BROUSSARD — There will be more trick-shot videos coming. In fact, the Bryan brothers drove to Dallas overnight Sunday to meet up with a well-known YouTube producer.

“It’s going to be a pretty sweet video,” Wesley Bryan said.

It’ll be different this time, though. When the two internet sensations of golf trick shots next go in front of a camera, Wesley will have a Tour championship and a $99,000 first-place check in his pocket, and a huge leg up on a trip to the PGA Tour.

Bryan survived a back-nine dogfight, one that featured a five-way tie for the lead at one point, and rolled in a clutch 15-foot birdie putt on the 17th hole to take a one-stroke lead in the $550,000 Chitimacha Louisiana Open. Minutes later, he two-putted from 30 feet on the 18th, and watched the final two groups come up short in an effort to catch him.

That birdie-par finish left him with a 3-under 68 in Sunday’s final round and a 14-under-par 270 for the tournament, enough for a one-stroke win over Argentina’s Julian Etulain in only his third-ever Tour event.

“I had some crazy up and downs. I hit it some awful spots on the back nine and was able to salvage pars out of them,” said Bryan, who was one stroke out of the lead after both the second and third rounds. “I was able to make a birdie on 17 and kind of breathe a little easier on 18 over that three or four-footer.”

Before this season, Wesley and older brother George Bryan were best known for a series of trick-shot videos that have become staples on the internet. But both always stressed that all of their stunts — such as driving a bouncing golf ball 275 yards down the middle — are based on actual golf skills.

“Trick shots are tangible,” Wesley Bryan said. “But it’s great to be able to be differentiated from the trick-shot guys and now be a legitimate contender in golf tournaments.”

George served as his caddie during the Louisiana Open’s four rounds, after himself missing making the Open field by one shot in a Monday qualifier. After Wesley opened 66-65 in the first two rounds, their parents and his wife Elizabeth drove 10 hours from their Augusta, Georgia, home to turn Sunday’s post-tournament celebration into a family affair.

“My wife and I have been praying for a win for a long time on any level, for the top 25 every night before we go to bed,” Bryan said, referring to the PGA Tour cards that go to the top 25 on the Tour’s season-ending money list. “That goal is still first and foremost, and that is now a little more graspable, it makes it a lot easier.”

It didn’t come easy Sunday. Behind Etulain’s 13-under 271 score, four players finished two more strokes back at 11-under 273. Three of those players — Martin Flores, Ryan Brehm and Joel Dahmen — all had a share of the lead at one point in the back nine, and five-time PGA Tour champion Jonathan Byrd was only one stroke back and was safely in the clubhouse at 11-under-par.

But Flores bogeyed both the par-four 15th and the par-three 16th to slip back, Brehm flew the green from a bunker in front of the 15th and double-bogeyed, and Dahmen bogeyed the 16th and 18th holes.

“I saw a five-way tie and I knew it could be a close one coming down the stretch,” Bryan said. “I just knew I had to stay in the process and make sure I was doing all I could do to keep the situation out of my mind and keep the next shot on my mind.”

The late struggles from the rest of the field left the battle to Etulain, and the 27-year-old from Buenos Aires, Argentina, had a golden opportunity to force a playoff while playing in the final grouping. After a round of 15 pars and a two-putt birdie on the par-five seventh, the former PGA Tour LatinoAmerica Order of Merit winner as that tour’s top money winner stood over a 10-foot putt on the 17th green to tie for the lead.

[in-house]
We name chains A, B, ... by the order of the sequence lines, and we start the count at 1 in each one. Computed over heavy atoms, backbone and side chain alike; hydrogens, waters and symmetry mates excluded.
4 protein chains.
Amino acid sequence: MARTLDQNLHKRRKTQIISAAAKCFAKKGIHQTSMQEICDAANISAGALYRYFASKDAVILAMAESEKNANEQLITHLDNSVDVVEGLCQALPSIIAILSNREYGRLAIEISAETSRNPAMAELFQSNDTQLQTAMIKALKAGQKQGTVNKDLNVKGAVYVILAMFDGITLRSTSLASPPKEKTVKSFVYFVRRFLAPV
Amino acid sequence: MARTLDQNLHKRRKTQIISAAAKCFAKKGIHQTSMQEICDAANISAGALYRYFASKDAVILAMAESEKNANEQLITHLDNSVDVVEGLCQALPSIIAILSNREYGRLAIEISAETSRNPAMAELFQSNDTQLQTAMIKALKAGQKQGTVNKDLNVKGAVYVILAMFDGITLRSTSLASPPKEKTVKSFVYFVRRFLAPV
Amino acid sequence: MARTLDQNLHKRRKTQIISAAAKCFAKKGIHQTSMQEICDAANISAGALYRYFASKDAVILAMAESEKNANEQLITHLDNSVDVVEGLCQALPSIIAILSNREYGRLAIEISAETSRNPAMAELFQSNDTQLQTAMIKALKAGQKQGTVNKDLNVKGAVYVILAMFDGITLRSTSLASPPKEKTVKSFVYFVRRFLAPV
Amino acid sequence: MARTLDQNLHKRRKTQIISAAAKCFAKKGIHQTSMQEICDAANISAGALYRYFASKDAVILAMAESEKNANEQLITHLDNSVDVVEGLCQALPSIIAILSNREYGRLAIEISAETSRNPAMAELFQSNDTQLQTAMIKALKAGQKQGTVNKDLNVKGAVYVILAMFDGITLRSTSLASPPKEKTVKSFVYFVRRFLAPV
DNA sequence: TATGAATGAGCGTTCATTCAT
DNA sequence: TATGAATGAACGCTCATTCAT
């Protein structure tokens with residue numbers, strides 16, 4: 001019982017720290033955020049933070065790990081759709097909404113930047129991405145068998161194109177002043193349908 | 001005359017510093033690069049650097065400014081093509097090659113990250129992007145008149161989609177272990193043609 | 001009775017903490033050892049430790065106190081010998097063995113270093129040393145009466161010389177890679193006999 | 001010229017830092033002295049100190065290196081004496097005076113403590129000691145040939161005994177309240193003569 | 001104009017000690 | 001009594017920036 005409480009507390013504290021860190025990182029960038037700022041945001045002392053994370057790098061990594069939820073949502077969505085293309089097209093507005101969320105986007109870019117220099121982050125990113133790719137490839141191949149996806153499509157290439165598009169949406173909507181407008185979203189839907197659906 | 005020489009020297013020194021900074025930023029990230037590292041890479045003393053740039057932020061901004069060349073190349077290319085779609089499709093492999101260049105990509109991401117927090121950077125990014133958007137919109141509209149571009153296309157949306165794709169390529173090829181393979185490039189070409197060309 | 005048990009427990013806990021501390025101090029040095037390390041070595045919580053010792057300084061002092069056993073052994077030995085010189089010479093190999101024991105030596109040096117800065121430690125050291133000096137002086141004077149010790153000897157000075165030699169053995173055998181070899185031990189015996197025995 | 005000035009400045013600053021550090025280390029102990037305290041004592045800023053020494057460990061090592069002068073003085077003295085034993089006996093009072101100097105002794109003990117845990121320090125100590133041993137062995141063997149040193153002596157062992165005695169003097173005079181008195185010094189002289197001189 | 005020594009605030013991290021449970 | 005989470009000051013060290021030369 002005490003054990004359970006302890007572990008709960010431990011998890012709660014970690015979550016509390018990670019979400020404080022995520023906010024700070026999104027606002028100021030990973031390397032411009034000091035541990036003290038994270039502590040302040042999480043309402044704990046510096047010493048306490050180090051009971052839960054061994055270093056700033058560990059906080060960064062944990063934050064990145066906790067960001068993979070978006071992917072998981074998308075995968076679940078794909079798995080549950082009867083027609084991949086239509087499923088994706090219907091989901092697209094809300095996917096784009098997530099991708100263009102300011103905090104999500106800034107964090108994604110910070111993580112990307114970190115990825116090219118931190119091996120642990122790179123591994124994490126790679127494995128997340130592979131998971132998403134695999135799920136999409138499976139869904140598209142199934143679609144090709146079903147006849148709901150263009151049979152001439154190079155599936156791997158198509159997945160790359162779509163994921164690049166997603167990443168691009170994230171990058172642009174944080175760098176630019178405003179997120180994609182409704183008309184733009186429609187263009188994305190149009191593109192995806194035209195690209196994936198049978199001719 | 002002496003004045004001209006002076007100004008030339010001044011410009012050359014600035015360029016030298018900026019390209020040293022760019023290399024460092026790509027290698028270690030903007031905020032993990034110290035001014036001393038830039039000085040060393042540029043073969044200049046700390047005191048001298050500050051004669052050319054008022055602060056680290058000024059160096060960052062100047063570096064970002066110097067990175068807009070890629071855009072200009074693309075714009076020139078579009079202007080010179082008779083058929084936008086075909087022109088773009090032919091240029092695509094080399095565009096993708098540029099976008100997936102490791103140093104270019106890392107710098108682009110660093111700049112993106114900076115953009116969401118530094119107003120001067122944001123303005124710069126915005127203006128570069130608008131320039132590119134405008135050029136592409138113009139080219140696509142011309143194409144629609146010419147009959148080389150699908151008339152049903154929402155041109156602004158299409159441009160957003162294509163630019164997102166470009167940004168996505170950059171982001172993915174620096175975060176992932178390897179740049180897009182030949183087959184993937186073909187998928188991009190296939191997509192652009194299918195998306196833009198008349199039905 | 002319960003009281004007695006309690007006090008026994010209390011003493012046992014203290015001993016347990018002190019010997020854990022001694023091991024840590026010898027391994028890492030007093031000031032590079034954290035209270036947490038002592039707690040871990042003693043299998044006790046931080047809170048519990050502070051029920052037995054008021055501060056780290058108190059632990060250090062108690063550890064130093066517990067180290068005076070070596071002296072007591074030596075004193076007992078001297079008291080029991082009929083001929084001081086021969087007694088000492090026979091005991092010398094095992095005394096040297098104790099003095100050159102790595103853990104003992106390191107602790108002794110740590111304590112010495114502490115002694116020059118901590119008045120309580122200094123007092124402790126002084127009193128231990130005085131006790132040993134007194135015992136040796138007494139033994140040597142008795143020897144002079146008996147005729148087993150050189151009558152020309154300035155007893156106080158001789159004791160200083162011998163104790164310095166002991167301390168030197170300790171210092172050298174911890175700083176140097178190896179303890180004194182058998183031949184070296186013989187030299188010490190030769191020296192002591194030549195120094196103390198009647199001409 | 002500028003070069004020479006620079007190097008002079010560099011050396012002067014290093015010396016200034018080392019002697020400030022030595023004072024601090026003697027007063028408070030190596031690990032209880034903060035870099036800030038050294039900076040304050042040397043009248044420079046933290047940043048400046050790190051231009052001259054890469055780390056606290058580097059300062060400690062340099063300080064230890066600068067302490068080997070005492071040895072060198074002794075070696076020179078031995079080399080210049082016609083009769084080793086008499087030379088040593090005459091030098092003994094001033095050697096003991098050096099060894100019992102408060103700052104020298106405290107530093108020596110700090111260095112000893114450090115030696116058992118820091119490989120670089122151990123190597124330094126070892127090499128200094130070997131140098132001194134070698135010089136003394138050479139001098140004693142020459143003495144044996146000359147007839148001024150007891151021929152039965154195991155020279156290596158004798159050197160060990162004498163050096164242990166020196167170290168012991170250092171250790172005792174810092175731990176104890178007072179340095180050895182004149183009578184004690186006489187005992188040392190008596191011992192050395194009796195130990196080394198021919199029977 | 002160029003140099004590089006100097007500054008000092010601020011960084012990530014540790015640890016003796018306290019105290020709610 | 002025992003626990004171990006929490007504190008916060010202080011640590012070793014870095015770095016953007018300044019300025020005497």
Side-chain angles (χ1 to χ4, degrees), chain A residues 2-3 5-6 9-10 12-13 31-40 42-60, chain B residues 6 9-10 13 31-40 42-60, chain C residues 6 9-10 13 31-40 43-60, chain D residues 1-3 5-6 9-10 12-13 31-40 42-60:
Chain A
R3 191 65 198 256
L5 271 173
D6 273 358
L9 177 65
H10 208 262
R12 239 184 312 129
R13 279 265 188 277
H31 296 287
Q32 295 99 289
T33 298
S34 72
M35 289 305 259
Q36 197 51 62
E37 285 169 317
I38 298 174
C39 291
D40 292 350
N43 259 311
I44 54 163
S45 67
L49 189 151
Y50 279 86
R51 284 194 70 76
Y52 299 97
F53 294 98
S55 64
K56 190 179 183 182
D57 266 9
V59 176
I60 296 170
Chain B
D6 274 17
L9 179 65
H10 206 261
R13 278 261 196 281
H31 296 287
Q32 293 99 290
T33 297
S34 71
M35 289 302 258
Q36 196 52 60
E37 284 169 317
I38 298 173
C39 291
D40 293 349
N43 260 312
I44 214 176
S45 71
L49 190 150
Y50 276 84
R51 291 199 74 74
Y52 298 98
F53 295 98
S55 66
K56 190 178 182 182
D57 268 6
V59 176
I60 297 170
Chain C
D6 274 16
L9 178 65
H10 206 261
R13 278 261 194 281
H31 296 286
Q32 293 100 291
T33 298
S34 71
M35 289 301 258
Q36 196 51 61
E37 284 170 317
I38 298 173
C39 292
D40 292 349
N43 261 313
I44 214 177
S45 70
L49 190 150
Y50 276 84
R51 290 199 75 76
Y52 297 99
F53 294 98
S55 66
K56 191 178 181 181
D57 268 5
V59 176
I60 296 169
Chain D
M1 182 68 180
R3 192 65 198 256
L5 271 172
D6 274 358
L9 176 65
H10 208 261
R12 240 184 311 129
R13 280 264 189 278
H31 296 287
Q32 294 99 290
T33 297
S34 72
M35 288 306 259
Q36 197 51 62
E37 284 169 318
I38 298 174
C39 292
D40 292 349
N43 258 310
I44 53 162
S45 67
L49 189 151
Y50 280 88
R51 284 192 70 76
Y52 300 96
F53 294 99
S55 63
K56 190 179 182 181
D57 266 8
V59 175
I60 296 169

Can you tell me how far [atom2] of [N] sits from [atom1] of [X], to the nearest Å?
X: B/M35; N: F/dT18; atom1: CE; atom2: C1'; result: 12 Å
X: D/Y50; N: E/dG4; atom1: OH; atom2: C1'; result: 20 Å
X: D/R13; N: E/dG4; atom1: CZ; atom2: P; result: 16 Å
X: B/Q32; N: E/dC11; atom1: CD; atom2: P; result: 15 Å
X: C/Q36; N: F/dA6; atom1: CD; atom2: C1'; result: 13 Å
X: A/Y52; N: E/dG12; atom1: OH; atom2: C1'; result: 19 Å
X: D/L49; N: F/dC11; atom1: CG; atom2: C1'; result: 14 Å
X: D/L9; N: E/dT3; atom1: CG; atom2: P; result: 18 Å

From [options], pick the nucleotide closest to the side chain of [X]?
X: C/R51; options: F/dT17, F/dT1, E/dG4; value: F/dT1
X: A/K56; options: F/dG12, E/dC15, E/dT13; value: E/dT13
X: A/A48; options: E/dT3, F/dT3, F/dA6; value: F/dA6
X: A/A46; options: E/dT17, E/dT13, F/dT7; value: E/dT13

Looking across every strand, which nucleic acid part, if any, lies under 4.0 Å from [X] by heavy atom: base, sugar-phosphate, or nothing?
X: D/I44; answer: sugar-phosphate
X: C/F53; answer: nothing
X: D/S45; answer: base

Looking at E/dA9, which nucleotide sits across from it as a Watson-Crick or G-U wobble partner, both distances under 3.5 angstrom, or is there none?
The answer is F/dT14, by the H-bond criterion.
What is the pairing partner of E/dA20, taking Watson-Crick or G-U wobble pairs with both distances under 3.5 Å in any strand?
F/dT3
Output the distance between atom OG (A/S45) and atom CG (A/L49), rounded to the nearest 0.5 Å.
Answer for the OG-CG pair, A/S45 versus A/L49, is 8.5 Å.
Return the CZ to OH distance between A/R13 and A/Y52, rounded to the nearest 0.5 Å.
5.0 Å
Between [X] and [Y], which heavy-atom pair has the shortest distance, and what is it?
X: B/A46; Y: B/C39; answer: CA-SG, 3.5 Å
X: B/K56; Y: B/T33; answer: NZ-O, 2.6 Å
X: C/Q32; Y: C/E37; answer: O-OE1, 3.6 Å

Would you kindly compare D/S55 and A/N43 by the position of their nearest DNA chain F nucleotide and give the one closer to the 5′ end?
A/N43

But it slid by on the high side, leaving him one stroke back going to the par-four 18th. His drive there rolled through the fairway and stopped on a cart path, and after a drop he hit a twisting 8-iron around a tree and to the right side of the green, 30 feet from the pin. But that tying putt also slid past the left lip.

“I never saw the leaderboard,” said Etulain, who shared the 54-hole lead with veteran Greg Chalmers. “But I knew at 18 I needed a birdie and I tried to do something good. On 17 I played aggressive and hit it close. I knew I had to have a birdie.”

Chalmers had a two-stroke lead early on the back side and still led by one before making a scrambling bogey out of the water — twice — on the par-five 12th hole. He was still tied before bogeying the 16th and double-bogeying the 17th, and finished with a 2-over 73 and tied for seventh at 10-under 274.

Other than an 18th-hole birdie putt by Brehm that got him into the tie for third, the only birdie on the final three holes among the top six finishers was Bryan’s eventual tournament-winner on the 17th. He hit 3-wood off the tee short of the fairway bunkers and hit a knock-down 130-yard 7-iron 15 feet past the flag before rolling in the putt, prior to his two-putt par on the final hole.

“I hit my best putt of the day,” Bryan said of the birdie at 17, “right in the middle, perfect speed, everything I was looking for. I was playing for par on 18 ... I looked at the board after 17 and saw that I had the one-shot lead, and with the wind direction today I knew it was going to be tough for anyone to birdie either one today.”

His finish gave him his first win since a mini-tour victory last summer, that one ironically coming in his Columbia, S.C., hometown. He had finished tied for seventh at the season-opening Panama Claro Championship, after earning a Tour spot by finishing tied for ninth at the tour’s “Q-School” in December.

“Coming into the season I felt like I was in really good form,” Bryan said. “I was expecting to win right out of the gate. I felt like I was playing really well, and I felt really good coming down here this week. Being in the south kind of feels like home to me.”